How To Register Family Members To Claim Dependent Deductions On Your Taxes In Japan

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Navigating taxes in any country is often a painful process, and it is no different in Japan. Giving up a percentage of your hard-earned income every year can feel like a waste. Fortunately, there are several ways to reduce your income tax burden in Japan. In particular, if you have dependents, you could be entitled to significant deductions on your Japanese taxes. 

The Benefits Of Claiming A “Dependent” On Your Taxes In Japan

Register A Family Member As A Dependent In Japan In Japan, if you support a relative who meets certain conditions, you’re entitled to a dependent deduction. These deductions can significantly lower your taxable income, thereby reducing your overall tax burden. The amount of deduction that you can claim varies based on the age of the relative:

  • General Dependents (16 years and older): 380,000 yen deduction.
  • Dependents Aged 19-22: A higher deduction of 630,000 yen.
  • Elderly Dependents (70 years and older): A deduction amount of 480,000 yen.

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Deductions for Spouses

While a spouse isn’t considered a dependent relative for the dependent deduction, there are specific spouse-related deductions:

  • Spouse Deduction: For a spouse under 70 years, a 380,000 yen deduction is available. For those 70 years or older, this increases to 480,000 yen.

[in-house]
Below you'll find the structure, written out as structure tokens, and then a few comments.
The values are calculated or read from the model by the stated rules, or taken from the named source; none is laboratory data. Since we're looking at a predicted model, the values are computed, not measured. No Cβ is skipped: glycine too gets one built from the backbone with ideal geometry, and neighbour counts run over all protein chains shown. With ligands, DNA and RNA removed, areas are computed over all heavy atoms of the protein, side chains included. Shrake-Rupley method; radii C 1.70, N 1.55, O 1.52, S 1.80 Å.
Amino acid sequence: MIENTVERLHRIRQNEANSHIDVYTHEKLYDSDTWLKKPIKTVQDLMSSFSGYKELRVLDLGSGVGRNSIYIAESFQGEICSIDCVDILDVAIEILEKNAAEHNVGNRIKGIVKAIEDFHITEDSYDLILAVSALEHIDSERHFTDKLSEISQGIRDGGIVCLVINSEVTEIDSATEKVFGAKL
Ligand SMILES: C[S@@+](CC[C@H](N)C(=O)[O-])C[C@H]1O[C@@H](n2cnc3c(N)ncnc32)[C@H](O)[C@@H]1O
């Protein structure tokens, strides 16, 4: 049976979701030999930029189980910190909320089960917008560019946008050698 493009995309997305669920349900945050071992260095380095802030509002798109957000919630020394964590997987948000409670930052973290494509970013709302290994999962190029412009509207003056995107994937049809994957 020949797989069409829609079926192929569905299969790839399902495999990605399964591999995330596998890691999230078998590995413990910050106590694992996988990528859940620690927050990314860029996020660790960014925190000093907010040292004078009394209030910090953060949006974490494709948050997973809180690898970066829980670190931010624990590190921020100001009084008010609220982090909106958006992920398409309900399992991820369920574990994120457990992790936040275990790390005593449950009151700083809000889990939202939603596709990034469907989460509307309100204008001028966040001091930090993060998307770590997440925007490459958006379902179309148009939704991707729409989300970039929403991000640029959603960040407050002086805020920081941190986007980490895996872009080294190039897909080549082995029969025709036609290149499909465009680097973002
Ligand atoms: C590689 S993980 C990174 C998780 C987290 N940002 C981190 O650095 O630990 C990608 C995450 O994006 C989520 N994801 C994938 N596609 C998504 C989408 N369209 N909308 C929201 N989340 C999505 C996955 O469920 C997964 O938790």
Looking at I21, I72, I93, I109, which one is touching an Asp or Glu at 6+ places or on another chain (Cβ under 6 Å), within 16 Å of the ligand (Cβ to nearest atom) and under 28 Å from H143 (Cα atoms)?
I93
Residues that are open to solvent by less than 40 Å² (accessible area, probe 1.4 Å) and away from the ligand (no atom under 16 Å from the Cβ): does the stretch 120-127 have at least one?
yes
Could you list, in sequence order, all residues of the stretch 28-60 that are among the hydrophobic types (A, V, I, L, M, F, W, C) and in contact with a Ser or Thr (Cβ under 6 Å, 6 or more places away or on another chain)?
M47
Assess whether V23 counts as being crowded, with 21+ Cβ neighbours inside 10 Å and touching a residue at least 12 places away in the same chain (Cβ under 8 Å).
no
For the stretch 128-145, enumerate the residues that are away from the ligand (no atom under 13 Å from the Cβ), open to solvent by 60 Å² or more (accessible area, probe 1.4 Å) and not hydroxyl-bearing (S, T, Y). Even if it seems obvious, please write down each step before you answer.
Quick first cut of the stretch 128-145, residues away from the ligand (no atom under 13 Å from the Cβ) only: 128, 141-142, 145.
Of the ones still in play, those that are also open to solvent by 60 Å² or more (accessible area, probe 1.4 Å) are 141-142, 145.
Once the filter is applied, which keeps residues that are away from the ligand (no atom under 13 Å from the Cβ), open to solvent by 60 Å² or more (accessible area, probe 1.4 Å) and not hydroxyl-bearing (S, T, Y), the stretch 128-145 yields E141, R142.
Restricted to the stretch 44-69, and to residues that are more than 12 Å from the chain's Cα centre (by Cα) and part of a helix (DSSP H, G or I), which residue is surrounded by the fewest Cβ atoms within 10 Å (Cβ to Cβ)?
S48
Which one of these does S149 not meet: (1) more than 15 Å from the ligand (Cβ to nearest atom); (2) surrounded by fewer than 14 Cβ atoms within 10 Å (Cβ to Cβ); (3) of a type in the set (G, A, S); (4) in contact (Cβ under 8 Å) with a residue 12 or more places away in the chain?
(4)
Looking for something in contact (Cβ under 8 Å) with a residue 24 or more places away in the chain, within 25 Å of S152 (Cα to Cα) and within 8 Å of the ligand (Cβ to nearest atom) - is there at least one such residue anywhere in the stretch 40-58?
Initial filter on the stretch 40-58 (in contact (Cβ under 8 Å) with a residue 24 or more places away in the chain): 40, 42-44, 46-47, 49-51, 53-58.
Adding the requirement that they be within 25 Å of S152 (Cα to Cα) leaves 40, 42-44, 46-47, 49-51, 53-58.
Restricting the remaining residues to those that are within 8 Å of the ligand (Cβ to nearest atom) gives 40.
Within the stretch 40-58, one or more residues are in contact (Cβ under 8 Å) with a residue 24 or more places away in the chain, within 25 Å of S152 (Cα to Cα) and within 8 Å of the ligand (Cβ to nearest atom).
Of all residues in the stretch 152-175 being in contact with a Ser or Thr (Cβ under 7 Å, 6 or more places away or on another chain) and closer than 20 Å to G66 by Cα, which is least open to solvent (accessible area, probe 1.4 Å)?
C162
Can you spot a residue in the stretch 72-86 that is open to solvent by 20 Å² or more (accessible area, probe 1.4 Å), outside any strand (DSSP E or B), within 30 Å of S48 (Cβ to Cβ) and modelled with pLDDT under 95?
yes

• Spouse Special Deduction: If your spouse earns more than 1,030,000 yen but less than 2,016,000 yen, you may qualify for a “Spouse Special Deduction”. The amount of this deduction varies based on your income and your spouse’s income, but it can be as high as 380,000 yen.

Claiming these deductions requires accurate documentation. This includes proof of relationship, financial support documents, and in some cases, proof of remittance for non-resident relatives. Falsely claiming dependents is considered tax evasion, so ensure that all of your claims are legitimate and well-documented. This begins with determining eligibility.

Determining Eligibility For Dependent Deductions In Japan

The Benefits Of Claiming A “Dependent” On Your Taxes In Japan A deductible dependent relative in Japan isn’t just any family member. The definition is specific and tied closely to the Japanese Civil Code. A relative, as defined by the law (within the sixth degree by blood or the third degree by in-law), who depends on you for their livelihood and whose total income is 480,000 yen or less is eligible. This includes not only blood relatives but also foster children and elderly individuals under specific welfare provisions.

Can Non-Japanese Family Members be Registered as Dependents?

Yes, non-Japanese family members can be registered as dependents. This includes foreigners working in Japan with families abroad, Japanese residents with family members overseas, and those supporting children studying abroad. These individuals can claim a “dependent deduction for foreign relatives”, offering substantial tax relief. 

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Living Arrangements and Dependency

An interesting aspect of Japan’s tax law is that living together isn’t a prerequisite for a dependent deduction. A relative who doesn’t cohabit due to work, study, or medical reasons but still relies on you financially can be considered a dependent. This includes instances where you provide living costs, tuition, or medical expenses. Even relatives living outside Japan can be dependents, as long as they meet the criteria.